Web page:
Reading the Reserve Bank. Being a cryptographer would clearly come in handy in trying to determine the signals given each month when the Reserve Bank Board releases the minutes of its meeting a fortnight earlier. Commentators without proficiency in that art clearly have great difficulty in working out what the words mean. This morning in The Age we had “Reserve goes cool on more rates cuts” but The Australian assured us “RBA ready to cut rates further”. All very confusing for we readers.

The best I can do to help is report that the Crikey Interest Rate Indicator, which is based on the prices at prediction markets, sys the probability of no change when the Board next meets in March is 25%. A cut of 0.25% is put at 22%, 0.5% at 30% and something more than that at 25%. That rates will actually go up is quoted as a 3% chance but I notice there are not any takers.

Guidance on corporate governance. Kevin Rudd might like to have a little chat with the officials at the Australian Securities & Investments Commission (ASIC) before he responds to the letter from his mate Andrew “Twiggy” Forrest complaining that his plan to get 50,000 Aborigines into jobs is being jeopardised by Federal Government bureaucrats who are creating roadblocks and not sticking to their end of the deal.

The Prime Minister surprised some of us when he became such an enthusiastic endorser of the Forrest Aboriginal employment plan for actions by ASIC in the past, suggesting that the corporate watchdog does not give the entrepreneurial developer of the Fortescue iron mine its top marks for corporate governance. Back in 2006, I recall, there was a little matter of charges that he misled investors over the exact state of negotiations with Chinese steel mills.

The impression given by Mr Forrest is that he is very much a crash-through type of man who orthodox Canberra-based public servants with an eye to questions from both the Auditor General and Estimates Committee Senators might find awkward to get on with.

Ready for the starter’s gun. The Queensland Labor Party is wasting no time in filling the vacancies in its line-up of candidates caused by three retirements this week. The member for Greenslopes, Gary Fenlon, and Townsville MP Mike Reynolds announced on Sunday that they would not be standing again while Main Roads Minister Warren Pitt announced his yesterday. Nominations for Greenslopes and Townsville closed at 12 noon today and the ALP’s Administrative Committee will name the successful candidates later in the afternoon. The candidate for Mr Pitt’s seat of Mulgrave will be announced tomorrow afternoon.

Time to tell it like it is. Surely the time is fast approaching when someone senior in the Liberal Party — perhaps the Leader Malcolm Turnbull himself — should stop pussy footing around when talking about Peter Costello and his possible future intentions. The presence of the man on the backbench is destroying the party’s chances of reviving its standing and he should henceforth be described bluntly as the great destroyer, not as some middle-aged Liberal statesman who is quite within his rights to keep everyone in suspense.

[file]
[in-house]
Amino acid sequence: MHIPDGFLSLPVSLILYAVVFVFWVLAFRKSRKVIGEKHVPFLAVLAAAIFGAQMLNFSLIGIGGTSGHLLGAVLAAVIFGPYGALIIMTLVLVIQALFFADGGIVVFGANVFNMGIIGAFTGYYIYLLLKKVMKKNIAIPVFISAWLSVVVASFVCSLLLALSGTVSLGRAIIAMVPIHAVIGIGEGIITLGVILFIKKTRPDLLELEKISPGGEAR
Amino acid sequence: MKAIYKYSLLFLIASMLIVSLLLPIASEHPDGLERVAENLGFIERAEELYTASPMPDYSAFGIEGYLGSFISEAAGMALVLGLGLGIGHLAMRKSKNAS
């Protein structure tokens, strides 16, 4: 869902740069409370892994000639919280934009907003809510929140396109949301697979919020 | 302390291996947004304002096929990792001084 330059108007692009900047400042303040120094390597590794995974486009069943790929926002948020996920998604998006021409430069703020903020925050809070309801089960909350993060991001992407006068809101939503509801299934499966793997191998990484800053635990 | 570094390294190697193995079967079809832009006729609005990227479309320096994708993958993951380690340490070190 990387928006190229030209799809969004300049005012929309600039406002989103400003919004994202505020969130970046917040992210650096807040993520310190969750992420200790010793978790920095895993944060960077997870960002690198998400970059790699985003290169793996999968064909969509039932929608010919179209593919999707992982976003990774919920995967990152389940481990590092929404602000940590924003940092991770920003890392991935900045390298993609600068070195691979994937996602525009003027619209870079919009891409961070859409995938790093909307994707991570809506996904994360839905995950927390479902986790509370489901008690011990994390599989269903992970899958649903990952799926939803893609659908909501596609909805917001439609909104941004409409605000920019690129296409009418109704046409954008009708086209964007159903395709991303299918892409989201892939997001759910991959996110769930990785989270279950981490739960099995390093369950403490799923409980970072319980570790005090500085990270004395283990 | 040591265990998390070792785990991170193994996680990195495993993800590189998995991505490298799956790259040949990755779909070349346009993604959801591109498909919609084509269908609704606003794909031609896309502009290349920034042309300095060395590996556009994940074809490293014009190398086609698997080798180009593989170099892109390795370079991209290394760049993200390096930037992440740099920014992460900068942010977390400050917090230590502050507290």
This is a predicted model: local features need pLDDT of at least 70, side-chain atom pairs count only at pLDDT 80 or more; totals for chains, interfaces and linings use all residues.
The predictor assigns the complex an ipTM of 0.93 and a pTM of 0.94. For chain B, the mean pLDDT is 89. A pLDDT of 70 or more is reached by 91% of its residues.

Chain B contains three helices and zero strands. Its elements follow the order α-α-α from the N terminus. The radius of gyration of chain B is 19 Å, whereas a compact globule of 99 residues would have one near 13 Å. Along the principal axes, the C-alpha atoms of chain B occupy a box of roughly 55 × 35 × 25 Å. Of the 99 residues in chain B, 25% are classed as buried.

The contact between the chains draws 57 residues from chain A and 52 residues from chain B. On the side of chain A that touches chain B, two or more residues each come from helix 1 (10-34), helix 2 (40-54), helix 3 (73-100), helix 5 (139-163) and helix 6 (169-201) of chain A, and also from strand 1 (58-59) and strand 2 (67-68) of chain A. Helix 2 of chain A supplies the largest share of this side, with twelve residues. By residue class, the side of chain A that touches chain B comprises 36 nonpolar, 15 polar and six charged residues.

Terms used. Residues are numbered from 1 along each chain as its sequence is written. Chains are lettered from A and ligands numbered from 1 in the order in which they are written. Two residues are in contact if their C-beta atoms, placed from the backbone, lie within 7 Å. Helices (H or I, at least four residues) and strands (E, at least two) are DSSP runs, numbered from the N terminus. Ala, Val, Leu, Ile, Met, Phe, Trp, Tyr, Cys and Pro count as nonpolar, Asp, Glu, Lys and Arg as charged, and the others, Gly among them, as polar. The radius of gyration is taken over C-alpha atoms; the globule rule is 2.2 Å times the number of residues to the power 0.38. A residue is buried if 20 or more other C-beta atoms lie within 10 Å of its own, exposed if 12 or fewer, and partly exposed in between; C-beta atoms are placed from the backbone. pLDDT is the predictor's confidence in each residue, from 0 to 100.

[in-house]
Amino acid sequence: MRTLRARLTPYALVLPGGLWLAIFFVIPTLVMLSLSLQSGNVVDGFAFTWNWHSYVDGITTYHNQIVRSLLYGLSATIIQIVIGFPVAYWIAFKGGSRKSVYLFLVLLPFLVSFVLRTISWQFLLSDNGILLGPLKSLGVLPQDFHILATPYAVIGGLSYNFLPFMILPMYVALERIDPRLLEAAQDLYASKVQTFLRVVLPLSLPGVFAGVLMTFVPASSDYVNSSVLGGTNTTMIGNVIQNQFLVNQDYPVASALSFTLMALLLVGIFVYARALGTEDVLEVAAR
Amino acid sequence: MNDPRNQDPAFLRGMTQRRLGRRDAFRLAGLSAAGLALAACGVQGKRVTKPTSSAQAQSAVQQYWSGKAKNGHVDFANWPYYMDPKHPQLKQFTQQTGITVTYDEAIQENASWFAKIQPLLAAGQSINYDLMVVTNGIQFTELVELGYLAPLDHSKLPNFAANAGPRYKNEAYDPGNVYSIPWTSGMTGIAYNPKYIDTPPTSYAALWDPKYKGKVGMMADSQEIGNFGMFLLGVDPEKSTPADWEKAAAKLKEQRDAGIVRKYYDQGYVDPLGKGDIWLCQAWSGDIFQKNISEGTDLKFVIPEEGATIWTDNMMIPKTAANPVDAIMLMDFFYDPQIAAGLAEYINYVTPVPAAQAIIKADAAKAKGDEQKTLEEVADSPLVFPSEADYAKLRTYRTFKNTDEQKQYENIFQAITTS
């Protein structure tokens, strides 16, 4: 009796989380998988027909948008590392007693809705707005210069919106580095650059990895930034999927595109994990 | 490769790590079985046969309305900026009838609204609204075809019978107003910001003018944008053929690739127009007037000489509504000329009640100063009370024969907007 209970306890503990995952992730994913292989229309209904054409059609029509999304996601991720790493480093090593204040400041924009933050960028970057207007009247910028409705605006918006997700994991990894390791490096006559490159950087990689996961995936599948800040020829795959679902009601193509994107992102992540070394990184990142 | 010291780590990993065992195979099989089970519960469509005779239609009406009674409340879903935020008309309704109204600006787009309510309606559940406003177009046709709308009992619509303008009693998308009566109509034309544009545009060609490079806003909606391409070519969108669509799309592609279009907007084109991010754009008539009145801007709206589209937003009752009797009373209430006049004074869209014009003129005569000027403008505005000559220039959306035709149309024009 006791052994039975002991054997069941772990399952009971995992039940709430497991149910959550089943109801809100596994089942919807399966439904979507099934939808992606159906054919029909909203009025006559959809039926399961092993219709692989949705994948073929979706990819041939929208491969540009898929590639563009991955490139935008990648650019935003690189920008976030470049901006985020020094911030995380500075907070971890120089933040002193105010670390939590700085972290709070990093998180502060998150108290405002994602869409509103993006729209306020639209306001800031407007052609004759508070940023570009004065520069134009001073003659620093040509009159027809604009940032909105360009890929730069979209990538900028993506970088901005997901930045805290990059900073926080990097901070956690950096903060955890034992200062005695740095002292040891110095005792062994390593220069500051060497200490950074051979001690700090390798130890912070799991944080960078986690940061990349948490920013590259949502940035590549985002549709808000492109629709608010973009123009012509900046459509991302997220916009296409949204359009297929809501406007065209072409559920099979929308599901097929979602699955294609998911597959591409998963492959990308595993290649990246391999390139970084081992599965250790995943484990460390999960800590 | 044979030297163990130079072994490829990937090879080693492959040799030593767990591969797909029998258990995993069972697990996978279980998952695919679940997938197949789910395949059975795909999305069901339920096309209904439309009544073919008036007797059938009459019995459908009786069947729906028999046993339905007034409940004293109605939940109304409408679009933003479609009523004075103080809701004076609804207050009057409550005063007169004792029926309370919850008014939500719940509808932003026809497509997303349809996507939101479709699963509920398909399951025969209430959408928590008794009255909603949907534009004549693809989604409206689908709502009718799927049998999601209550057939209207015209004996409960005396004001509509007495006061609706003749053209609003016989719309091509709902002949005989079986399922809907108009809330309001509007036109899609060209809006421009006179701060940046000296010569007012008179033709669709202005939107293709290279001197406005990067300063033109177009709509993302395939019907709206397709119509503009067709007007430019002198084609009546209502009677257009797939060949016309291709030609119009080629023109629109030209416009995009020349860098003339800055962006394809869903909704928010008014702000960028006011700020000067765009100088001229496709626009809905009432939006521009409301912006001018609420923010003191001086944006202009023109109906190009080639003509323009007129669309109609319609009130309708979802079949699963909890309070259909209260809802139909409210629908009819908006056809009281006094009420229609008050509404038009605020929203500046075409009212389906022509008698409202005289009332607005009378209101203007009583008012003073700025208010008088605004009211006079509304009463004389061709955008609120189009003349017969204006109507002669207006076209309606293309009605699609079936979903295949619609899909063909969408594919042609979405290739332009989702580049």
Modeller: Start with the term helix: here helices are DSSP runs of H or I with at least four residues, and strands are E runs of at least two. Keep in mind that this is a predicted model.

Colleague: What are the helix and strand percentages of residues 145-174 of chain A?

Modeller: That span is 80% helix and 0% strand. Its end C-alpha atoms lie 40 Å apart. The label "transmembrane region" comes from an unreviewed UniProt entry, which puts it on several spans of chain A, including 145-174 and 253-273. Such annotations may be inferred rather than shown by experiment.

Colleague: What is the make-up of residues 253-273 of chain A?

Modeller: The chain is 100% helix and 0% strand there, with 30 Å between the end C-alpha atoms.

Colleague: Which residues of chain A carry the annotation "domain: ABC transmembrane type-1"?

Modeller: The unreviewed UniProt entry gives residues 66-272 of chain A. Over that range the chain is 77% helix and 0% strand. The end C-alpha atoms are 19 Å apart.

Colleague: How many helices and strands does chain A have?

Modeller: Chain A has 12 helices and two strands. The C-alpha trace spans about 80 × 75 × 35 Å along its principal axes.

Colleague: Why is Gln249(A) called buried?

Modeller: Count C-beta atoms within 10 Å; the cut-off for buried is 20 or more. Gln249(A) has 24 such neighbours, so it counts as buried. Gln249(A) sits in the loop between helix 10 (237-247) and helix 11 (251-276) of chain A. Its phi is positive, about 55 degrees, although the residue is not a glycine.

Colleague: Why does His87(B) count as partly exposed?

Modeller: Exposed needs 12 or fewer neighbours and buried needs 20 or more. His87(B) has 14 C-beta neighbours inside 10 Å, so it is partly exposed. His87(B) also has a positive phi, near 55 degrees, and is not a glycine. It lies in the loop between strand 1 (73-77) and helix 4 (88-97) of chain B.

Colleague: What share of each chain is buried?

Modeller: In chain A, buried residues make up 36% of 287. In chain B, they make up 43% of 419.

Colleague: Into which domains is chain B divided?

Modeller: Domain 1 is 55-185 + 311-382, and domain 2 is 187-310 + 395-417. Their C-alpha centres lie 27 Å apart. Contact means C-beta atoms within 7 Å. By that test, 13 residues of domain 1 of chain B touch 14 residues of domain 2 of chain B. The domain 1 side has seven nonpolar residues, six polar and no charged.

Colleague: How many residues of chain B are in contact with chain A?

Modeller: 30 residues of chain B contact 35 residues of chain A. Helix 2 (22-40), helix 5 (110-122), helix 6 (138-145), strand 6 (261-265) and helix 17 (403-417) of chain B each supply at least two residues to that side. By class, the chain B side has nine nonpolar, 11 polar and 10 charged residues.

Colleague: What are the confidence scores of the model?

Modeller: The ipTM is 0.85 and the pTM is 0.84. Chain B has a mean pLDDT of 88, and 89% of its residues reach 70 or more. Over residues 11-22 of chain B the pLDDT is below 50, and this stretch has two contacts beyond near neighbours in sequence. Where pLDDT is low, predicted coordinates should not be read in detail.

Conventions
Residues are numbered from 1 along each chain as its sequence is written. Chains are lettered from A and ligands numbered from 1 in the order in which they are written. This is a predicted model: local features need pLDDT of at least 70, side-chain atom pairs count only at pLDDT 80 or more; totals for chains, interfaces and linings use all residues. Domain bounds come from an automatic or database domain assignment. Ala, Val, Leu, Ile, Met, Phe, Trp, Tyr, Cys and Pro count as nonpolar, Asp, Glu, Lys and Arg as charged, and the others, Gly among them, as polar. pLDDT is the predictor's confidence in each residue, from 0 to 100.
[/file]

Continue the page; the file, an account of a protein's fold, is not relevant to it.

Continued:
It just wasn’t cricket. We should have known something was amiss when a Texan with a knighthood bestowed by the Government of Antigua pretended to be the saviour of English cricket. It all seemed odd from the moment last June when Allen Stanford landed in a helicopter at Lord’s Cricket Ground to announce an annual Twenty20 series of matches between England’s national team and the Stanford Superstars, a team of West Indies players, for a winner-takes-all prize of $20 million. Back then Stanford plucked dollar bills from a crate he brought with him to illustrate the amount of money on offer but he is unlikely to be doing anything as flamboyant again for a while.

Overnight, the United States Securities and Exchange Commission charged him and three of his companies for orchestrating a fraudulent, multi-billion dollar investment scheme centering on an $8 billion certificates of deposit program.

“As we allege in our complaint, Stanford and the close circle of family and friends with whom he runs his businesses perpetrated a massive fraud based on false promises and fabricated historical return data to prey on investors,” said Linda Chatman Thomsen, Director of the SEC’s Division of Enforcement.

“We are moving quickly and decisively in this enforcement action to stop this fraudulent conduct and preserve assets for investors.”

Rose Romero, Regional Director of the SEC’s Fort Worth Regional Office, added, “We are alleging a fraud of shocking magnitude that has spread its tentacles throughout the world.”

The SEC’s complaint, filed in federal court in Dallas, alleges that acting through a network of SGC financial advisers, SIB has sold approximately $8 billion of so-called “certificates of deposit” to investors by promising improbable and unsubstantiated high interest rates. These rates were supposedly earned through SIB’s unique investment strategy, which purportedly allowed the bank to achieve double-digit returns on its investments for the past 15 years.

According to the SEC’s complaint, the defendants have misrepresented to CD purchasers that their deposits are safe, falsely claiming that the bank re-invests client funds primarily in “liquid” financial instruments (the portfolio); monitors the portfolio through a team of 20-plus analysts; and is subject to yearly audits by Antiguan regulators. Recently, as the market absorbed the news of Bernard Madoff’s massive Ponzi scheme, SIB attempted to calm its own investors by falsely claiming the bank has no “direct or indirect” exposure to the Madoff scheme.

Peter Fray

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